Today in publishing and literature: Read Dave Eggers while you shower, old books have seized the menswear department, and why Americans just don't "get" Tintin comics.
The Thing is a literary quarterly that publishes stories printed overpriced household objects, like cutting boards. The latest edition is a shower curtain with a short story by Dave Eggers. It costs $65, which seems high, even for a curiosity item. Unlike The Thing's window shade version of a Miranda July story, it doesn't even work as a conversation starter and will be hidden away in bathroom. On a shower curtain. [The Thing Quarterly via Jacket Copy]
Chain clothing stores really do enjoy using artfully battered hardcover books as props to enhance in-store ambience, or just mark where the pants section ends. This pairing somehow feels natural, which could have something to do with the fact so many notable writers have been conspicuously well-dressed, or the fact that shelves just look good with lots of books on them. [The Paris Review]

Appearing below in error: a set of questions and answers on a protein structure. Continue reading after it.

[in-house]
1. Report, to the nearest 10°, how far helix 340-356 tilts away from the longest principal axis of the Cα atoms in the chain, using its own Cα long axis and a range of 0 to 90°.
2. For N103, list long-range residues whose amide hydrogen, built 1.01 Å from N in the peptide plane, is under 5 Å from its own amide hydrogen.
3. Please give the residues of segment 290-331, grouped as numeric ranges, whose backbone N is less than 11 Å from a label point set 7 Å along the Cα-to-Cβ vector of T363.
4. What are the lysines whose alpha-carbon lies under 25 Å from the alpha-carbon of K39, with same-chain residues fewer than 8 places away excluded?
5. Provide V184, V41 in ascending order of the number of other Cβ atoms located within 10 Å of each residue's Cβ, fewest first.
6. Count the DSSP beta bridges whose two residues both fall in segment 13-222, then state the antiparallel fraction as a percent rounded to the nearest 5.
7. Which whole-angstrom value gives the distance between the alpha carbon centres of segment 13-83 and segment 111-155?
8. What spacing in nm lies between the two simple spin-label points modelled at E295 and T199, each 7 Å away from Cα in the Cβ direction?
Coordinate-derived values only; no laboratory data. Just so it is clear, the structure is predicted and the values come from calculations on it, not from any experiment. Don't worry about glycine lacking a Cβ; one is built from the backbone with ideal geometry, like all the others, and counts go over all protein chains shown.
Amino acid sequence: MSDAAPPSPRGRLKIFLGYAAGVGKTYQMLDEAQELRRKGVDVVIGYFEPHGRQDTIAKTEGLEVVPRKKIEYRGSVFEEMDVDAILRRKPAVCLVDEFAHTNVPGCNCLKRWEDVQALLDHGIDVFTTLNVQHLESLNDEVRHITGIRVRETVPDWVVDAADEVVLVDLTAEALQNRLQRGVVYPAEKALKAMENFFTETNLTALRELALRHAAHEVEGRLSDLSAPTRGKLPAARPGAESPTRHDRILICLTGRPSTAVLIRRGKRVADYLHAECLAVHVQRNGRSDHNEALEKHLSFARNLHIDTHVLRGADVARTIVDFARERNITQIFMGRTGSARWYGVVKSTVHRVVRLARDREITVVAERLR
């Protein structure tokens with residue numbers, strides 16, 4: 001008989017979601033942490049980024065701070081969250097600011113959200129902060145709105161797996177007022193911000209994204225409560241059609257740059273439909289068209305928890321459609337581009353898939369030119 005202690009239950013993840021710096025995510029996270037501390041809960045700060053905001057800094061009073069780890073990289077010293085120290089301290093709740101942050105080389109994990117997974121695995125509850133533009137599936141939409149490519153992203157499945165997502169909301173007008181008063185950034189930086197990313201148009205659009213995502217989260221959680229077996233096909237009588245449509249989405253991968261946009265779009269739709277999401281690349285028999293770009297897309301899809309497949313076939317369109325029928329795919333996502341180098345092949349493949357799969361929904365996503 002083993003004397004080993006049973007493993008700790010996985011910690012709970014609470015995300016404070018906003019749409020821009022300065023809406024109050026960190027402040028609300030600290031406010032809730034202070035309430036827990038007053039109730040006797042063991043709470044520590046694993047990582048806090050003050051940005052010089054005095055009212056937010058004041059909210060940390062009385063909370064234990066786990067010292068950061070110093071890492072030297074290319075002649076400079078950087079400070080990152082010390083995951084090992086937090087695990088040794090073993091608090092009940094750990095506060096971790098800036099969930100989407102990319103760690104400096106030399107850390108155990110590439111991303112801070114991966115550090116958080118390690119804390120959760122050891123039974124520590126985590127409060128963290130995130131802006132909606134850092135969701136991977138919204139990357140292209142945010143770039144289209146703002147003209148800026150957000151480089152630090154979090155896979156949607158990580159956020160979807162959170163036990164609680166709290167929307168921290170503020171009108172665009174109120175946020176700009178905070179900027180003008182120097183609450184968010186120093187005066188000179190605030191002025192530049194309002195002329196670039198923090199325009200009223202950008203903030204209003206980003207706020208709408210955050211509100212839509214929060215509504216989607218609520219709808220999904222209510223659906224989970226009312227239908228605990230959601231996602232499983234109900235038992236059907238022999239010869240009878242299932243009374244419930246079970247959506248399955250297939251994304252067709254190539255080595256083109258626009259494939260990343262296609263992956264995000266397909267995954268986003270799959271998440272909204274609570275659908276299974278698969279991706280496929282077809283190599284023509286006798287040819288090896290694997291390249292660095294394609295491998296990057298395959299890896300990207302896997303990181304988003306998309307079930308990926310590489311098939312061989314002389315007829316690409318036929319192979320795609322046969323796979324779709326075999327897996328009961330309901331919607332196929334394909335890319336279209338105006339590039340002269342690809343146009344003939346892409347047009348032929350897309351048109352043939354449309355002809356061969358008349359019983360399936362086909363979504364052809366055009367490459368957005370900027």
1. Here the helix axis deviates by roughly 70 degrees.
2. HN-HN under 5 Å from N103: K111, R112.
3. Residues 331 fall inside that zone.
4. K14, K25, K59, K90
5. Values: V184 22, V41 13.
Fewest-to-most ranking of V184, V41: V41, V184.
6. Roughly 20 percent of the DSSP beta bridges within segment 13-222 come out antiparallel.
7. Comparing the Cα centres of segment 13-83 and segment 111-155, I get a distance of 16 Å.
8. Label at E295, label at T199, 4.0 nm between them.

Steven Spielberg may have Tintin jumping from jeeps and speaking with an accent that could best be described as "European," but don't confuse him with an American comic book. In The New York Times Charles McGrath notes that while the original books by the Belgian artist Herge had plots that spanned the globe, but no sense of history or place. McGrath argues Tintin's "innocence and indeterminacy - his unworldliness" is the source of his charm. Unlike, say, Batman, Tintin doesn't have an origin story. He's just there, perpetually adrift and ready for adventure. [The New York Times]
This article is from the archive of our partner The Wire.